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Lymphatic Title Picture

Cell Mediated and Humoral Immunity

Lymph Cells

The body's Humoral immune system is dominated by circulating Antibodies (proteins that bind to other proteins specifically). These Abs are produced primarily by B Cell lymphocytes. The body's cell mediated immunity involved T cells, macrophages, and other leukocytes.

All of the cells in the blood are derived from the same progenitor cells, the hematopoietic stem cells of the bone marrow. Since we are dealing with the immune system, we shall be concerned only with cells of the leukocyte lineage (B-cells, T-cells, and various monocytes such as macrophages). For an example of the development of a neutrophil, a component of the innate immune system, take note of the image below. All of these cells begin their differentiation in the bone marrow but, of the three cell types mentioned, only the B-cells complete it there. T-cells finish their development in the thymus, and monocytes in the blood stream exit into the tissues where they become many different types of cells (eg. macrophages and dendritic cells).

Neutrophil Devp.
However, even after maturation lymphocytes(B and T cells) have yet to undergo many changes before they are ready to carry out their duties as the mediators of the adaptive immune response. T Lymphocytes come in two main varieties: Cytotoxic T-Cells and Helper T-cells. Each plays an important role in effectively controlling infections and aiding the humoral side of the immune response to an Ag. When an antigen is first encountered, typically a Macrophage engulfs it and breaks it apart using very acidic conditions and proteases. Next, the Macrophage will present a small portion of this antigen (6-20 Amino Acids) on its surface. This Antigen is presented with an MHC Type II complex (Major Histocompatibility Complex)- used exclusively in the cells of the immune system. If a non-immune cell displays an antigen, it is typically with an MHC type one complex (indicating to Cytotoxic T-cells that they should destroy this presenting cell). The cell is destroyed because if something is presented with MHC I, it signals that the Antigen is inside the cell (e.g. viral genome products). If a cell is infected, there is little your immune system can do but kill it to prevent viral spread. A typical presentation is that by a Macrophage to a Helper T-cell. The Helper T-cell will process the antigen and then signal to a B Lymphocyte to product Antibodies to the Antigen. Ciruclating antibodies are perhaps the most important way to keep foreign material out out of your body. Antibodies also give you the ability to "remember" an antign and properly erspond to it if you encounter it again.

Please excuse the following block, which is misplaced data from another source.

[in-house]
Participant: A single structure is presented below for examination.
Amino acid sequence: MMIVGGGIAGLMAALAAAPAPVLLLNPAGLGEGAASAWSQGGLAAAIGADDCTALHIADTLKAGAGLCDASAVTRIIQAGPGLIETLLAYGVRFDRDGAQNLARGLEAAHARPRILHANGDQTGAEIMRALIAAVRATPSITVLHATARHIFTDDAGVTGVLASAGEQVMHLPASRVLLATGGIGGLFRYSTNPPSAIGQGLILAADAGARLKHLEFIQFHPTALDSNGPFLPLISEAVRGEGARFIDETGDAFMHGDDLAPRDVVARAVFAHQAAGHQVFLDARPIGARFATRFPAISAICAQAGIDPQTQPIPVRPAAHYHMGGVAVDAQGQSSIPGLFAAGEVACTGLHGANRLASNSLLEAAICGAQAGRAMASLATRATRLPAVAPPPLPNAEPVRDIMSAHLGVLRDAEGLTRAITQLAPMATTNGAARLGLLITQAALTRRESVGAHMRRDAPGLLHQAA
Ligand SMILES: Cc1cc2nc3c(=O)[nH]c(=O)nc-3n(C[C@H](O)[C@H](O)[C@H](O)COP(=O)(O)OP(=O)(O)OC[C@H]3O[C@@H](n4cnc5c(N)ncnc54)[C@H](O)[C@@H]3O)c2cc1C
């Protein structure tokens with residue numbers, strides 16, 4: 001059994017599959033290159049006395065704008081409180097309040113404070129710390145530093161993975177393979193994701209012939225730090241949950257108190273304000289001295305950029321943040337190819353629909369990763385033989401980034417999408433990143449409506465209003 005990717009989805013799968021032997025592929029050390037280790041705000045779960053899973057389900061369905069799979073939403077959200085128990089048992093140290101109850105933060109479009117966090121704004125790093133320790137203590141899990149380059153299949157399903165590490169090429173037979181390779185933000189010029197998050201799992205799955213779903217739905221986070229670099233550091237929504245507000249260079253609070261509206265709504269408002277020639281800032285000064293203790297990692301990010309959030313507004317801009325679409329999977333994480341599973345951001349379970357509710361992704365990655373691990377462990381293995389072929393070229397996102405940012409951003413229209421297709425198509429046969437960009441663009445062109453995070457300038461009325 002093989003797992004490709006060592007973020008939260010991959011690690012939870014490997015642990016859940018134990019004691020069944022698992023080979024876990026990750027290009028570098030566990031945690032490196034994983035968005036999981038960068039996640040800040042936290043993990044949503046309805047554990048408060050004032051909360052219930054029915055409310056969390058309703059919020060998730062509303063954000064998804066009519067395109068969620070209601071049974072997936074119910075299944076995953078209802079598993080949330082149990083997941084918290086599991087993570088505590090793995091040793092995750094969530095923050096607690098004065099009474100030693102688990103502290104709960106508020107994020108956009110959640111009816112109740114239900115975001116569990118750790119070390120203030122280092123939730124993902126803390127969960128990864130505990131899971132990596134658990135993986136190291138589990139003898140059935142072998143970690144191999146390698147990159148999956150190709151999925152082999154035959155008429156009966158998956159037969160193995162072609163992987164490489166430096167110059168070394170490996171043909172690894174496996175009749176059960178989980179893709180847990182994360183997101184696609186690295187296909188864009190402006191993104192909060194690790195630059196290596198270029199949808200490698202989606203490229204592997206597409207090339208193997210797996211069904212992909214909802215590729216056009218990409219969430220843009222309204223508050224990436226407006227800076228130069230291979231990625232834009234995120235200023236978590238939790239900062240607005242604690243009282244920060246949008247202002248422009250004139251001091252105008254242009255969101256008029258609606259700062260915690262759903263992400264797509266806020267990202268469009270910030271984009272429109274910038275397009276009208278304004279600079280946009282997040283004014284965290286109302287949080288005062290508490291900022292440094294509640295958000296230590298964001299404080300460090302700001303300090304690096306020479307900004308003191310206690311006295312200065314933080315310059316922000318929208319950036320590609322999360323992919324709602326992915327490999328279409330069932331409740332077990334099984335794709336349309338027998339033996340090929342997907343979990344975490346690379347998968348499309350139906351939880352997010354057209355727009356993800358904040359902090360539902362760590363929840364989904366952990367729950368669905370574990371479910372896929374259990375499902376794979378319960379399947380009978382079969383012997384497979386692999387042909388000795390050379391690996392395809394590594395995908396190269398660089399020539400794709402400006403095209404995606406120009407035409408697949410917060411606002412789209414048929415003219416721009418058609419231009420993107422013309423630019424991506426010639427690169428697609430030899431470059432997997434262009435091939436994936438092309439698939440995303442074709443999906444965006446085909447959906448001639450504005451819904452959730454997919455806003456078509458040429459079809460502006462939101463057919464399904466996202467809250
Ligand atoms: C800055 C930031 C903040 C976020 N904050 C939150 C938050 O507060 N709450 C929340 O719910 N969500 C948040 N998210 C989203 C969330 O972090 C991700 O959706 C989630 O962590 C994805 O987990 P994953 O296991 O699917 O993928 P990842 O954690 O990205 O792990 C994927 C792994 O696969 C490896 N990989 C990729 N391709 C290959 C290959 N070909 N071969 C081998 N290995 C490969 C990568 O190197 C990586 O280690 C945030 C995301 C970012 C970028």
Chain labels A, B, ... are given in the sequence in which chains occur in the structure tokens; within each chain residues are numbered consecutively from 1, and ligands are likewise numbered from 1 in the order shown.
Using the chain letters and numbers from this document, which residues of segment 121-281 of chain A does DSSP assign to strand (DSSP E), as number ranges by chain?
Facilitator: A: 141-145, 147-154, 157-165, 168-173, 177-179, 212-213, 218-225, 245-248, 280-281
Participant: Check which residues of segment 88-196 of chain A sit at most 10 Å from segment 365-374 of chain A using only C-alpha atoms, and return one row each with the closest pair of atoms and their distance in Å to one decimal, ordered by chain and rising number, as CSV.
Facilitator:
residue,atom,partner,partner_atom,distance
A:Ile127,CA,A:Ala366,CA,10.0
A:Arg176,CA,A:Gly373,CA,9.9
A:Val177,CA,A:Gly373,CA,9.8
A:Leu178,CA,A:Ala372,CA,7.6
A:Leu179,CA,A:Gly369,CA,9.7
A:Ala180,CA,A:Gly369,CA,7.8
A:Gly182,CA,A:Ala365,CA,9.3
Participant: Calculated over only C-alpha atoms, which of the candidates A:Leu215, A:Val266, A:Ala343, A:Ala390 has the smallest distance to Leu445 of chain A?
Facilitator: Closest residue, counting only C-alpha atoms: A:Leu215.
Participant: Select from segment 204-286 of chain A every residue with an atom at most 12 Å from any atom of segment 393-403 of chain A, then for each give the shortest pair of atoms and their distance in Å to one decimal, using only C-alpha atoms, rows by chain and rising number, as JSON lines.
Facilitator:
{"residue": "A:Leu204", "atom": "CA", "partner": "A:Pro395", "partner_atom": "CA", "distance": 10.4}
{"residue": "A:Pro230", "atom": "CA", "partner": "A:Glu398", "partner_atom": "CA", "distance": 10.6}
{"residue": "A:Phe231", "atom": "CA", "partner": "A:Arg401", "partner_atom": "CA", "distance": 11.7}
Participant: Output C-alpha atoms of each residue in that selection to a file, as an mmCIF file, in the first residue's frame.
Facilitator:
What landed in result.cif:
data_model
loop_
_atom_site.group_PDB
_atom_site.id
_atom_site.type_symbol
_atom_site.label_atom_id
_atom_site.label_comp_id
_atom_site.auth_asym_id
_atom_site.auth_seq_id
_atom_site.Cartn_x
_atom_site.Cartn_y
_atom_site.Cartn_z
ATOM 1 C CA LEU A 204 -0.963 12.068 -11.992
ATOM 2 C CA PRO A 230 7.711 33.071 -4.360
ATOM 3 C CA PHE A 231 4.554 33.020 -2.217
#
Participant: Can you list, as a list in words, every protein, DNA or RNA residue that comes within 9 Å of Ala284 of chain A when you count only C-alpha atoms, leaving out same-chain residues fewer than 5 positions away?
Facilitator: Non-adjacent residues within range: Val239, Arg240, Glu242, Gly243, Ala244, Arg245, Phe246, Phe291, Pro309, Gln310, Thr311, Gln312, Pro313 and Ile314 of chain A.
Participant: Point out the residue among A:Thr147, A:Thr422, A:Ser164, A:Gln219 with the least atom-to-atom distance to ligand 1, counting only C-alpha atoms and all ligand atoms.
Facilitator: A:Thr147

3d Structure of an Anitbody Molecule
Bovine Lymph Node

Scanning Electron Micrograph (SEM) of T cell Lymphocytes attacking a cancer cell.
T cells/cancer